Updated: Jun 6
At university, I conducted an experiement to determine if re-education to a normal breathing pattern improves lumbopelvic stability (core stability)- my dissertation.
Plenty of research shows that increasing core stability can help to reduce low back pain.
Background: Dysfunctional breathing has been identified as common among the general public. Historically, low back pain has been reported as the most common presenting complaint on visits to Osteopaths. Research has shown that there is a link between lumbopelvic stability and normal breathing.
Objective: To perform an experimental pilot study on Osteopathy students at Surrey Institute of Osteopathic Medicine (SIOM) to determine if re-education to a normal breathing pattern improves lumbopelvic stability.
Methods: The active straight leg raise test was conducted and a questionnaire was used to indicate levels of ease for an indication of lumbopelvic stability before and after breathing re-education of participants. Osteopathy students were recruited in a convenience sample, consisting of 10 participants (5 male and 5 female). A control group was recruited using the same number of individuals (5 male and 5 female) with no breathing re-education applied for comparison.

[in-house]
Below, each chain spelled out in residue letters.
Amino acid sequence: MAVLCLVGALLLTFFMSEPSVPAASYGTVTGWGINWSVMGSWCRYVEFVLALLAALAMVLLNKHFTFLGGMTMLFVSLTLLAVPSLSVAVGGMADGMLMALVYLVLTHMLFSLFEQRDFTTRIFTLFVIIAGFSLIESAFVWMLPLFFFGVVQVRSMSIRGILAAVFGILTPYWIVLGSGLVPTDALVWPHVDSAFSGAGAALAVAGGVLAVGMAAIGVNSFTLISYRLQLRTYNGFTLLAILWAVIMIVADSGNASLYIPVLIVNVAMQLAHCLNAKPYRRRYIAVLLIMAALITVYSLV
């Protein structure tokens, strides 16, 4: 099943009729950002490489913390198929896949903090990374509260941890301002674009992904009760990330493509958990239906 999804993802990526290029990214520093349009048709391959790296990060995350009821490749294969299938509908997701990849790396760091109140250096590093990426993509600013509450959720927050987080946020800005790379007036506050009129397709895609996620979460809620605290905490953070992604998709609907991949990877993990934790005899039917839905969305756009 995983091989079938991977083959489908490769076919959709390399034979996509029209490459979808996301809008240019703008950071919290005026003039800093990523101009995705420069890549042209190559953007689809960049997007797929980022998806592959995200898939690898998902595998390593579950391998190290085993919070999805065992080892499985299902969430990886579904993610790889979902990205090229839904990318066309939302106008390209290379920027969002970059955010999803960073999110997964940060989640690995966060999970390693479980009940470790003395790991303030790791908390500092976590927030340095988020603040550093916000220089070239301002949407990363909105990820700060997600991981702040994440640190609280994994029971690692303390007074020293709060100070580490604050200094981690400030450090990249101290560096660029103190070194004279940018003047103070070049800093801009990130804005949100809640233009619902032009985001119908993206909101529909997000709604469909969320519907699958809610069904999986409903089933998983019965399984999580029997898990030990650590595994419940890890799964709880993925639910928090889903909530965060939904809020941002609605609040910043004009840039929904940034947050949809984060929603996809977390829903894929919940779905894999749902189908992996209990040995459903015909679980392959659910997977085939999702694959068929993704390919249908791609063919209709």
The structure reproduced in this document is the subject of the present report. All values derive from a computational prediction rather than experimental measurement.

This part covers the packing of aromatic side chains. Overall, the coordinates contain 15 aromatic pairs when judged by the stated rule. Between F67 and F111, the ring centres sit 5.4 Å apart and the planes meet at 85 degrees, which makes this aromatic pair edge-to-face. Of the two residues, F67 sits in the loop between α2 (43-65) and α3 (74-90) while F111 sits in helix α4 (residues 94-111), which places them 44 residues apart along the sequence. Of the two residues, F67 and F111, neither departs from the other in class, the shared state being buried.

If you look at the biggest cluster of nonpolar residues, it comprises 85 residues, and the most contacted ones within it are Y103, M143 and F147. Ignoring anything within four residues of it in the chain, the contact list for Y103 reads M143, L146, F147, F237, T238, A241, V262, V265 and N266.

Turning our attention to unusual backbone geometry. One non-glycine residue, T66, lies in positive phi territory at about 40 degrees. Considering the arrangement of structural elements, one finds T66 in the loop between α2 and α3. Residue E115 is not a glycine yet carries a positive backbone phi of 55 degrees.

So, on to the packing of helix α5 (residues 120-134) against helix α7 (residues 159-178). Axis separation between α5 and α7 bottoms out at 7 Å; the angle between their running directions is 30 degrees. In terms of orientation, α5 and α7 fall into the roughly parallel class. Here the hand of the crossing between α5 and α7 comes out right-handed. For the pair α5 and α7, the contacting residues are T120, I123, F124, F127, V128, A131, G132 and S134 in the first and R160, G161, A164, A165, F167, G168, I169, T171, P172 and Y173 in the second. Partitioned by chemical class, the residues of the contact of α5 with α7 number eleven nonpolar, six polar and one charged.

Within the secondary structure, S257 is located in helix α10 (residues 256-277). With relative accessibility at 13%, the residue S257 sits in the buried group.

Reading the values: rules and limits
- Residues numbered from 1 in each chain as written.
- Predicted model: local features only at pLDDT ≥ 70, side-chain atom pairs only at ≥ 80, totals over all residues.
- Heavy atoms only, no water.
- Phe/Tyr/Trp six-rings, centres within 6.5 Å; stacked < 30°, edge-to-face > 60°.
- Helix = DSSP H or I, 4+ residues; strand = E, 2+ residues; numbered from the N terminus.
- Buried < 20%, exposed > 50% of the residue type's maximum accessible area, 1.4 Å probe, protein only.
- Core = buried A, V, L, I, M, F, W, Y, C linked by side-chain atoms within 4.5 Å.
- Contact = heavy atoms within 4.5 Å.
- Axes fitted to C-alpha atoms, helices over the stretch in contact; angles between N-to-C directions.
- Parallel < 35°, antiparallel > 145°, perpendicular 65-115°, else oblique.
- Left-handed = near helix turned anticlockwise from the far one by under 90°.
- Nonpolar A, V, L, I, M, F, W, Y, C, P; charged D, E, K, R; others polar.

Results: Breathing re-education to a normal breathing pattern improved ASLR test scores. A statistically significant increase in ASLR test scores for the participant group before and after re-education compared with the control group was found (p=0.008 for both the left and right legs for the participant, p=0.37 and 0.157 for the left and right legs respectively for the control group). It was also apparent through observation that participants responded well to breathing re-education.
Conclusions: There is a potential for breathing re-education to improve lumbopelvic stability and address low back pain. Further work is required to identify the relationships between lumbopelvic stability, low back pain and breathing patterns.
Key Words: Normal breathing, dysfunctional breathing, breathing re-education, lumbopelvic stability, low back pain, Active Straight Leg Raise.
So there it is folks- breathing functionally can help to reduce low back pain!
Diaphragmatic breathing has also been proven to strengthen the lungs and relieve anxiety.
Therefore, since university, I have always incorporated this type of breath work into my patient's exercise precription and I have also taught it at my Wellness workshops.